In light of the current research findings, mental health care providers should be cognizant of immigrant patients’ cultural backgrounds and life circumstances as a means to further understanding what underpins their risk for suicide.

Originality/value

Notwithstanding the aforementioned limitation, this study contributes important empirical insights about Korean-Canadian immigrants’ suicidal ideation and risk/protective factors. This not only adds to the wider literature connecting culture and suicidality, it affirms the need for culture-specific research as a means to developing culturally sensitive mental health services.

Details

Ethnicity and Inequalities in Health and Social Care, vol. 6 no. 2/3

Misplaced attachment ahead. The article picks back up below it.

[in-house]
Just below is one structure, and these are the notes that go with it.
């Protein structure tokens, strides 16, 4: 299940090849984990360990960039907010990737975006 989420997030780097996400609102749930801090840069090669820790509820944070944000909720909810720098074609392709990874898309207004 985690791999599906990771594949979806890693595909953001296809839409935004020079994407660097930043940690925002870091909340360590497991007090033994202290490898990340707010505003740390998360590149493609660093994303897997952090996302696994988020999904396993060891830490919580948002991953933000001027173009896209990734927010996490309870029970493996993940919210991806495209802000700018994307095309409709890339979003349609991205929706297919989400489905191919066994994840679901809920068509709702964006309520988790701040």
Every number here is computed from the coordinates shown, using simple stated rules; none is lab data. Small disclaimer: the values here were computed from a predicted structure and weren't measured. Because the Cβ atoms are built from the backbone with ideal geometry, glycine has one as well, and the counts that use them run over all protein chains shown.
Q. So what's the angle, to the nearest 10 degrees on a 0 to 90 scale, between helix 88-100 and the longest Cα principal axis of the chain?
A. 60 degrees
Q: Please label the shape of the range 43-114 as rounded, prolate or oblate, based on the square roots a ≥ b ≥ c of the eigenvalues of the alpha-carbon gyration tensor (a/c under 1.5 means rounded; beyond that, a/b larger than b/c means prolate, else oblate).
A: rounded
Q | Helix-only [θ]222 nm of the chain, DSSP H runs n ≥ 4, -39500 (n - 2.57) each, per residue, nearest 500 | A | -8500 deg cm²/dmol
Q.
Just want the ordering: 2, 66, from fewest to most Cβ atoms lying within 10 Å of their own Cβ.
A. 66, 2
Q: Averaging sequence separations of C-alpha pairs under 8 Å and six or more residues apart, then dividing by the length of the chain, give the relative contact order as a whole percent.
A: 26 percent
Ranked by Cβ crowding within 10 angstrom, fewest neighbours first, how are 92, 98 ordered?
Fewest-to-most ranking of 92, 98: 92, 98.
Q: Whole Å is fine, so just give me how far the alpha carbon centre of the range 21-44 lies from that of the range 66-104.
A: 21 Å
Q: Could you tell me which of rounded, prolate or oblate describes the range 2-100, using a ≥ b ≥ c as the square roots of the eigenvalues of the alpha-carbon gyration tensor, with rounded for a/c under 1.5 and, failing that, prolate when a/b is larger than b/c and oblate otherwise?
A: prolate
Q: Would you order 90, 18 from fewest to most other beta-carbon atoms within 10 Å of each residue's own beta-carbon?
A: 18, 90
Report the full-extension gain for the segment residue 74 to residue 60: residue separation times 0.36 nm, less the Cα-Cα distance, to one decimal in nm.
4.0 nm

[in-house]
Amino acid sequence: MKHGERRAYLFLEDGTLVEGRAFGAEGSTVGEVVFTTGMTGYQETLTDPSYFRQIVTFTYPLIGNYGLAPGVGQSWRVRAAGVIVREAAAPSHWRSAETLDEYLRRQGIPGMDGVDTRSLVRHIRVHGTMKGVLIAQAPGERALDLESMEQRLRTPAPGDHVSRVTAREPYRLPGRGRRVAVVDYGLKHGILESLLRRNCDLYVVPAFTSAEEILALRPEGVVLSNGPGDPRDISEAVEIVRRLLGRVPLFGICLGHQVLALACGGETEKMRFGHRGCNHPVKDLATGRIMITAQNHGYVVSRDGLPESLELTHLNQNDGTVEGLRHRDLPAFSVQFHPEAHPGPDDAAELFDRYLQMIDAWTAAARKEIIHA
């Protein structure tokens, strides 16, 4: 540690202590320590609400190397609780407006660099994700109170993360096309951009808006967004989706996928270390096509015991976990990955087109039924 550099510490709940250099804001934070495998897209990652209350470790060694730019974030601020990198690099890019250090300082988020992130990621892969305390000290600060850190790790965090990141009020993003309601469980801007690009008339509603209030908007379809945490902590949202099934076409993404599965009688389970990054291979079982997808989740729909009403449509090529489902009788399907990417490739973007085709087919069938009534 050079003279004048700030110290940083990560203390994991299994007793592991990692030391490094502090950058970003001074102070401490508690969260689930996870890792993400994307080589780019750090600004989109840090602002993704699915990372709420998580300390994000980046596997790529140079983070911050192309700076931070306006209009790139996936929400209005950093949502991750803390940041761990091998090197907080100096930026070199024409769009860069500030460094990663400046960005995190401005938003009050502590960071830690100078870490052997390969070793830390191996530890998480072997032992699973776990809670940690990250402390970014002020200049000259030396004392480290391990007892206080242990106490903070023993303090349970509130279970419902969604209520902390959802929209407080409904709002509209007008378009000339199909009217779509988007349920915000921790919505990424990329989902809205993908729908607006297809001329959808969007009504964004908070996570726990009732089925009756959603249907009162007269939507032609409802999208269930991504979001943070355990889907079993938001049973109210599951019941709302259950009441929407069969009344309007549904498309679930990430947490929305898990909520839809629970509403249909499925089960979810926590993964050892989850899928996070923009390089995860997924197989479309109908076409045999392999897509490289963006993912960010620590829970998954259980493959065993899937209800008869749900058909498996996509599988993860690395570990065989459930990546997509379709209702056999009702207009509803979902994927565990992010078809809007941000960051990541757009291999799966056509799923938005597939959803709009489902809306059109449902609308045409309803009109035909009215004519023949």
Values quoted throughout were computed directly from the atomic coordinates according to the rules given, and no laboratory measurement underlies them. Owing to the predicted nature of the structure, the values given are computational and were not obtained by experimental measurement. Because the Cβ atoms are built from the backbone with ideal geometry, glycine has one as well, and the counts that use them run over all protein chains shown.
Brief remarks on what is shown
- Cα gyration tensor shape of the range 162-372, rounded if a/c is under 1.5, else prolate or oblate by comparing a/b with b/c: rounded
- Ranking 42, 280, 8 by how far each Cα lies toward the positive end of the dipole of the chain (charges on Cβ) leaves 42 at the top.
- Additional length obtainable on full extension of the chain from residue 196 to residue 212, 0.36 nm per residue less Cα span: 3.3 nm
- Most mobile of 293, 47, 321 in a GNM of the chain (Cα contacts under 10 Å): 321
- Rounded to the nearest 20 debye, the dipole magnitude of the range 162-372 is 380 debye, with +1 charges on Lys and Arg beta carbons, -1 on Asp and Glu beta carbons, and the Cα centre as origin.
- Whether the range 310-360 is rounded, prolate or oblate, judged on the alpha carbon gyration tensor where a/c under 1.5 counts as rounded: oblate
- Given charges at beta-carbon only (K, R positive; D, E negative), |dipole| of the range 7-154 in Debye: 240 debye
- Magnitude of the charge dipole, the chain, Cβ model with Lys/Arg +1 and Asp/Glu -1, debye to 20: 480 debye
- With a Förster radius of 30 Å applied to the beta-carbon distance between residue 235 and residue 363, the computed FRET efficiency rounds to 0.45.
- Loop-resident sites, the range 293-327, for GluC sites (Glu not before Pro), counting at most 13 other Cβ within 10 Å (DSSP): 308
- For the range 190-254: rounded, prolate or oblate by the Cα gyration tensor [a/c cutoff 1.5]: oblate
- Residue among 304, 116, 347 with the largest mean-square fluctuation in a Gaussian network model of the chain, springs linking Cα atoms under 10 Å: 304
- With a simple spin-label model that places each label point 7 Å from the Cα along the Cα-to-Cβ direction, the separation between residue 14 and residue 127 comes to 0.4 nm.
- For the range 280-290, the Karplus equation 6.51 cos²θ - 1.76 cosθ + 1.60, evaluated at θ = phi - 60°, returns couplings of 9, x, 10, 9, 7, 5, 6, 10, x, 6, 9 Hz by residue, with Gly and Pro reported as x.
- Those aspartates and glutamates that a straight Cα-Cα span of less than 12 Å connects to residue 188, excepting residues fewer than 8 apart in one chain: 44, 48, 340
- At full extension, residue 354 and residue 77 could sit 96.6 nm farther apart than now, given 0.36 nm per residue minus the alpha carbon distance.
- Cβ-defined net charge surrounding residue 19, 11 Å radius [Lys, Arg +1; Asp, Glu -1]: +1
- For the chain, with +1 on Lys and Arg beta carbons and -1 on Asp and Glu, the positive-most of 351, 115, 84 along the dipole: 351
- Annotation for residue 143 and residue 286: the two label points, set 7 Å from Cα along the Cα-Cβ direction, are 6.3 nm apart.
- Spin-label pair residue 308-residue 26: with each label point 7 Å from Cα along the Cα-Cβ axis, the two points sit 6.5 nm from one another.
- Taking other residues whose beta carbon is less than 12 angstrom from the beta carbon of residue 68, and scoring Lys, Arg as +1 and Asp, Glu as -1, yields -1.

Type: Research Article
ISSN: 1757-0980

Keywords

Article
Publication date: 31 December 2008

Isabelle Streng

This article focuses on group work with children using a board game format. Combining the principles of group work and board games helps to engage and motivate children and…

Abstract

This article focuses on group work with children using a board game format. Combining the principles of group work and board games helps to engage and motivate children and adolescents to address and work through their difficulties. Lifegames are a series of six therapeutic board games developed for group work with children and adolescents who encounter adversity in their life as a consequence of bereavement, family break up, poor relationships, bullying, chronic illness or obesity. The games facilitate the understanding and disclosure of the complex feelings experienced by children and young people when they are confronted with traumatic life events. The games encourage and assist the participants to obtain and maintain behavioural change. Lifegames are a means to assist professionals in their group work with children and adolescents.